Pilot Fatigue

 Background

Fatigue has for many years been a worrying issue for pilots and it continues to be a huge concern across the industry today. Pilots have told BALPA they believe fatigue is the biggest single threat to flight safety.
 
In February 2016 new controversial European Aviation Safety Agency (EASA) flight time limitation laws came in to force.  Pilots feared these changes could mean pilots were made to work longer and harder leading to dangerous levels of fatigue, and this has now come to pass. 
 
BALPA is committed to monitoring the effect of these rules to ensure airlines do not see them as targets. Already we are hearing of rosters and schedules and working arrangements that are putting strain on flight crew.
 
BALPA is also hearing increasingly of cases of long-term sickness related to fatigue and ’burnout’ as well as an increased demand for part time work. These are indicators that current work levels cannot be sustained.

 Statistics

  • 84% of BALPA members say that it is very important for BALPA to focus on fatigue over the next 12 months
  • 55% think fatigue is the biggest threat to flight safety, higher than terrorism (15%)
  • 79% of our members trust BALPA to maintain aviation safety, more than the regulator (48%) and the Government (17%)
(Figures from the BALPA membership survey 2017)

 BALPA Position

No one wants tired pilots on the flight deck and BALPA is working with regulators and airlines to create an industry wide culture that understands and prioritises fatigue.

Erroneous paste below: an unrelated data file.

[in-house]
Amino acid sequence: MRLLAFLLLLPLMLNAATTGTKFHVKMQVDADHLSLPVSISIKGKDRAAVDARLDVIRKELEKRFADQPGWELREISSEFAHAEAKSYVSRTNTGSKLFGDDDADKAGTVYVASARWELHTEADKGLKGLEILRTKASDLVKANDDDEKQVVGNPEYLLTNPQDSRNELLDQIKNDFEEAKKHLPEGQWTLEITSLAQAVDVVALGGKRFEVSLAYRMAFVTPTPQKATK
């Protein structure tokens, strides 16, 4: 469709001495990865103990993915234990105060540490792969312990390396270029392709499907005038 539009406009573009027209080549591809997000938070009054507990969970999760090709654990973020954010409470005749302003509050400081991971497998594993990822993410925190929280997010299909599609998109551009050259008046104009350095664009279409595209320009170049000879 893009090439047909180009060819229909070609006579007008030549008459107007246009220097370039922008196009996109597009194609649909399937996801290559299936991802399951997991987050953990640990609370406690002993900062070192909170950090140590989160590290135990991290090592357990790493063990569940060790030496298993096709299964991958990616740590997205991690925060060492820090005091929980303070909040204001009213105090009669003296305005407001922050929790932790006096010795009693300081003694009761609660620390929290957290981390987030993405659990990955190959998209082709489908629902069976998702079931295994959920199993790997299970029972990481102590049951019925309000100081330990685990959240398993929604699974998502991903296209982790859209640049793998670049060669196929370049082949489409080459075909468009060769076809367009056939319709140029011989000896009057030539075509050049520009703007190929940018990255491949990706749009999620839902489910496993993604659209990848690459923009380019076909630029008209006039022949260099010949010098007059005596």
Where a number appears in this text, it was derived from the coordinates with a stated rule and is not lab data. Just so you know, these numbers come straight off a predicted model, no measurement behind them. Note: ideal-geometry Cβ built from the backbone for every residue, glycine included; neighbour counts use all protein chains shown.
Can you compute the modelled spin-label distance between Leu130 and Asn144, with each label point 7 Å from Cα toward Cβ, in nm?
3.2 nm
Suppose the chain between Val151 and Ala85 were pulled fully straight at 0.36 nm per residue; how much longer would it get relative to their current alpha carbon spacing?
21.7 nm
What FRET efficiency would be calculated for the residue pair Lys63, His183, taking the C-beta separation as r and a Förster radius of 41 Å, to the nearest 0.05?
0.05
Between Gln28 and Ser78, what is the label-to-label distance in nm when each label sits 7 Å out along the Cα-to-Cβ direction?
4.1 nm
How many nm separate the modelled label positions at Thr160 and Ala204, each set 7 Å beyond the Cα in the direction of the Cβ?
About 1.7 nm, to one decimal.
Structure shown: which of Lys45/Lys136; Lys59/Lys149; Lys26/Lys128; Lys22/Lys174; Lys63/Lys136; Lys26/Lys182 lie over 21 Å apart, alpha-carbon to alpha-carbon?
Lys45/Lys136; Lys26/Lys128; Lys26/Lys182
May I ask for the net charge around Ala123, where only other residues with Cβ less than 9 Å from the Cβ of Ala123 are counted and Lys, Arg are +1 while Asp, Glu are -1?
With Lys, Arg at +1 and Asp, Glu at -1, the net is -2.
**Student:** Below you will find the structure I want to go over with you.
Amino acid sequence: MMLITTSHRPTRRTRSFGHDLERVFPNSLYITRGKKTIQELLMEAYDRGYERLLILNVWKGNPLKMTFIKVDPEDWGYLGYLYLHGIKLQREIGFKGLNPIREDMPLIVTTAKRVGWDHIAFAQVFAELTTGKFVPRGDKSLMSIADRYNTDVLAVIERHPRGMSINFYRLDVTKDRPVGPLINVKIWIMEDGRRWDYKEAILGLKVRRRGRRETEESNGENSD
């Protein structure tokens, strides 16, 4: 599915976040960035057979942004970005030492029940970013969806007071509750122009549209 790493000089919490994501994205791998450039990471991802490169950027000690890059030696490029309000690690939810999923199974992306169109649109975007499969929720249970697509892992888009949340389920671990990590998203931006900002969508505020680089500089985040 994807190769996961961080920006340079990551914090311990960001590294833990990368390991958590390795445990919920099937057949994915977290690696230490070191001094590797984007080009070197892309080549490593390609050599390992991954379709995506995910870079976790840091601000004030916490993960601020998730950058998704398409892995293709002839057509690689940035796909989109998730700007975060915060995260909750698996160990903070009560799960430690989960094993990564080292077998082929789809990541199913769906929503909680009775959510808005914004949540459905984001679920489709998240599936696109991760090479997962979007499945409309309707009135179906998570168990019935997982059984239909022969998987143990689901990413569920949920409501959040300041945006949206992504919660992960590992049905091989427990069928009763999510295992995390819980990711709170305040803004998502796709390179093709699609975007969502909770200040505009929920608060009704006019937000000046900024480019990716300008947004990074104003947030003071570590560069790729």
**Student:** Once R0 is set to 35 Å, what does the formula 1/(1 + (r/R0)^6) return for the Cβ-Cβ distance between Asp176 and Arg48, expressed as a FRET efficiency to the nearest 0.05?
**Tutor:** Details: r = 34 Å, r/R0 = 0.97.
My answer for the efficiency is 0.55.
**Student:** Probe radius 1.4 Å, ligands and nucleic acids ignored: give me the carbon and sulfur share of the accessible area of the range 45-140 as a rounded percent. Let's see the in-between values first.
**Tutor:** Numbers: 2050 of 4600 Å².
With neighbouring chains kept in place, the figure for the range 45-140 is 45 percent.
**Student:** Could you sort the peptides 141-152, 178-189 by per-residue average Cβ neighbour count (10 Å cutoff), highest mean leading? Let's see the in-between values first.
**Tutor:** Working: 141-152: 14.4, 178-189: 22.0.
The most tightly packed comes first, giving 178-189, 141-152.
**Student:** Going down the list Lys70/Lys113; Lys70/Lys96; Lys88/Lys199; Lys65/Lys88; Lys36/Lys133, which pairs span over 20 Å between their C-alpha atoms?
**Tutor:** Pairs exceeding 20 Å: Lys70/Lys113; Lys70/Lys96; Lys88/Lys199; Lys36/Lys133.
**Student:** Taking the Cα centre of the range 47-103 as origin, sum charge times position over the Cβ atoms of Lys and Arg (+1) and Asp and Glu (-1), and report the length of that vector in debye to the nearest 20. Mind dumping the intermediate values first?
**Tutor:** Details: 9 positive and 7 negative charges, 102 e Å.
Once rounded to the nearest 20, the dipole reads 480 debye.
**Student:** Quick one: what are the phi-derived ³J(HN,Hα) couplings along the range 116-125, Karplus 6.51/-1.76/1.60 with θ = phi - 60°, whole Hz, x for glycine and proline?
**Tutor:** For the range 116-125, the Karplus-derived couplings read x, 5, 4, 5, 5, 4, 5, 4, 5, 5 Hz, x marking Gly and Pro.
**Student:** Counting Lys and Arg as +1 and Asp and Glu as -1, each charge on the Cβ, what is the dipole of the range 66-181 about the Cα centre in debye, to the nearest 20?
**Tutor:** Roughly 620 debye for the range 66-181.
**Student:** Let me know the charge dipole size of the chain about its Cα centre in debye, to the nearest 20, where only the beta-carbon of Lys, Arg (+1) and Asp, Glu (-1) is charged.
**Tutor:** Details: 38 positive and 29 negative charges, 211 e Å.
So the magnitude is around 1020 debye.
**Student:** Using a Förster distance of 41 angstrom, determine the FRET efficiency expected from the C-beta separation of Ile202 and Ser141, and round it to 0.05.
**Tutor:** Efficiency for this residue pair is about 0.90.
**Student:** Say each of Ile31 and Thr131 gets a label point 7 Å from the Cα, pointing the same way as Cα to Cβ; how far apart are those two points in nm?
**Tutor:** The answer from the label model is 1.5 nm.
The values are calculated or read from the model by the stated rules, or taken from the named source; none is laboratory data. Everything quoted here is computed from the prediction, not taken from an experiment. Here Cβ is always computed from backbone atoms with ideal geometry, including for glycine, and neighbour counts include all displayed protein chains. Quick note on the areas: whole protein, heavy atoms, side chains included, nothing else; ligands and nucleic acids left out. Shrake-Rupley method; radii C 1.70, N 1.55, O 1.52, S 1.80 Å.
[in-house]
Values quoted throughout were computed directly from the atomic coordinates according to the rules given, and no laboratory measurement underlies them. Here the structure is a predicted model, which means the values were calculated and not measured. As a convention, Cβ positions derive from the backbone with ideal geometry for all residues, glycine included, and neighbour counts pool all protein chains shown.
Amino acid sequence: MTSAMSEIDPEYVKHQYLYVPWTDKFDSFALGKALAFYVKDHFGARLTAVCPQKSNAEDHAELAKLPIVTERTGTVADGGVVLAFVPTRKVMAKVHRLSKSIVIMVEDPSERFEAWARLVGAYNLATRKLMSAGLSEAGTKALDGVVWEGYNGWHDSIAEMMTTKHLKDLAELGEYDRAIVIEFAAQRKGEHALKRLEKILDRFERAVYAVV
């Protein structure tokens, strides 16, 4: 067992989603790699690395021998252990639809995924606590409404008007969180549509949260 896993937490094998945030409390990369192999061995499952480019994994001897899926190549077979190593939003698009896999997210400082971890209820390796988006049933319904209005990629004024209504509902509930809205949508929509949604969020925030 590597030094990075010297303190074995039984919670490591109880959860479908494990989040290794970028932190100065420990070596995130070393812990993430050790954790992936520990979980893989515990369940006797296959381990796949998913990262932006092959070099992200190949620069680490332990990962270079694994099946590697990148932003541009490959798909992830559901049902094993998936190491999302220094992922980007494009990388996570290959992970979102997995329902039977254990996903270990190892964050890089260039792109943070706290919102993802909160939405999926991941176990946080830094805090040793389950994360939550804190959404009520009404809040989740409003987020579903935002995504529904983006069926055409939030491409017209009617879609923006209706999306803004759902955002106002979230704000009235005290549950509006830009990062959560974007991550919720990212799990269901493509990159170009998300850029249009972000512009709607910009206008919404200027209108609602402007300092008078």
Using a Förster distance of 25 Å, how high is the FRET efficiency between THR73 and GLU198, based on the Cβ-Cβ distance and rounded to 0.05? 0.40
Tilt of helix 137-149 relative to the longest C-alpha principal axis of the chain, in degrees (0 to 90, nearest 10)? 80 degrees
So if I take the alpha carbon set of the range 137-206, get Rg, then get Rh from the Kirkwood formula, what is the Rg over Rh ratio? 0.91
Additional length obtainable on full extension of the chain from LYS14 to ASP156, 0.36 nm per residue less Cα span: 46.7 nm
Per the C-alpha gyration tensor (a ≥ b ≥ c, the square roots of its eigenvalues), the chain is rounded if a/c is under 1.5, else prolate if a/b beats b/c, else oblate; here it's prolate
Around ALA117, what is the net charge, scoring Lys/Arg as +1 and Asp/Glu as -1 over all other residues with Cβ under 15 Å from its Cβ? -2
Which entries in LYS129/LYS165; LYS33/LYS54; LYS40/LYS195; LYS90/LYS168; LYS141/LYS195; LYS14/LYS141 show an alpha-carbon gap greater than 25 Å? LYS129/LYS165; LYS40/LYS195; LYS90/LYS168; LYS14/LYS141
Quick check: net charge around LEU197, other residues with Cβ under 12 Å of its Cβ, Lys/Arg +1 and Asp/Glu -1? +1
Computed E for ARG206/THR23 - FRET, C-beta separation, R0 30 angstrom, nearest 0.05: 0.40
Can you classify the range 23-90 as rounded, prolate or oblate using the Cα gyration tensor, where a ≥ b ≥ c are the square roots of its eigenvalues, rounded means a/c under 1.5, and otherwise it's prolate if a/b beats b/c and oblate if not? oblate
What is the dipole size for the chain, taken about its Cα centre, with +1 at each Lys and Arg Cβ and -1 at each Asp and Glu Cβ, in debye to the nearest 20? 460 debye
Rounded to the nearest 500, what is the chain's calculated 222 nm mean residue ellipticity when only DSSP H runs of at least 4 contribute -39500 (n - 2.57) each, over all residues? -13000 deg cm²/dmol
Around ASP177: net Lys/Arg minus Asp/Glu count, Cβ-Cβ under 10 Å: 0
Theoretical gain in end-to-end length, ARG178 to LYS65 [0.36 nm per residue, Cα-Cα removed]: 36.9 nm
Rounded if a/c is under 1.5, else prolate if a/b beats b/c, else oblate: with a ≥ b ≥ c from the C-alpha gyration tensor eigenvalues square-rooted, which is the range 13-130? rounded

Pilots say it is essential for airlines to ensure the new EASA FTLs are not being used as targets to push pilots to work longer and harder. BALPA is monitoring the effect of the law change and challenging routes, rosters and schedules that are a threat to flight safety.
 
BALPA understand the vital importance of accurate data and fatigue monitoring. We continue to encourage members to report fatigue. We are also working with airlines and the CAA to remove any barriers to reporting and make sure the systems to do so are working.
 
We would also like to see an industry standard for what levels of fatigue are permittable. We support the Karolinska Sleepiness Scale as a way of measuring fatigue, which runs from 1 (extremely alert) to 9 (extremely sleepy, fighting sleep). We would like to see no pilot rostered to the point where they will reach Karolinska 8 (sleepy, some effort to keep awake) or 9 during a duty.
 
We are also looking at how modern technology can be harnessed to make reporting as simple as possible and enable accurate data to be collected.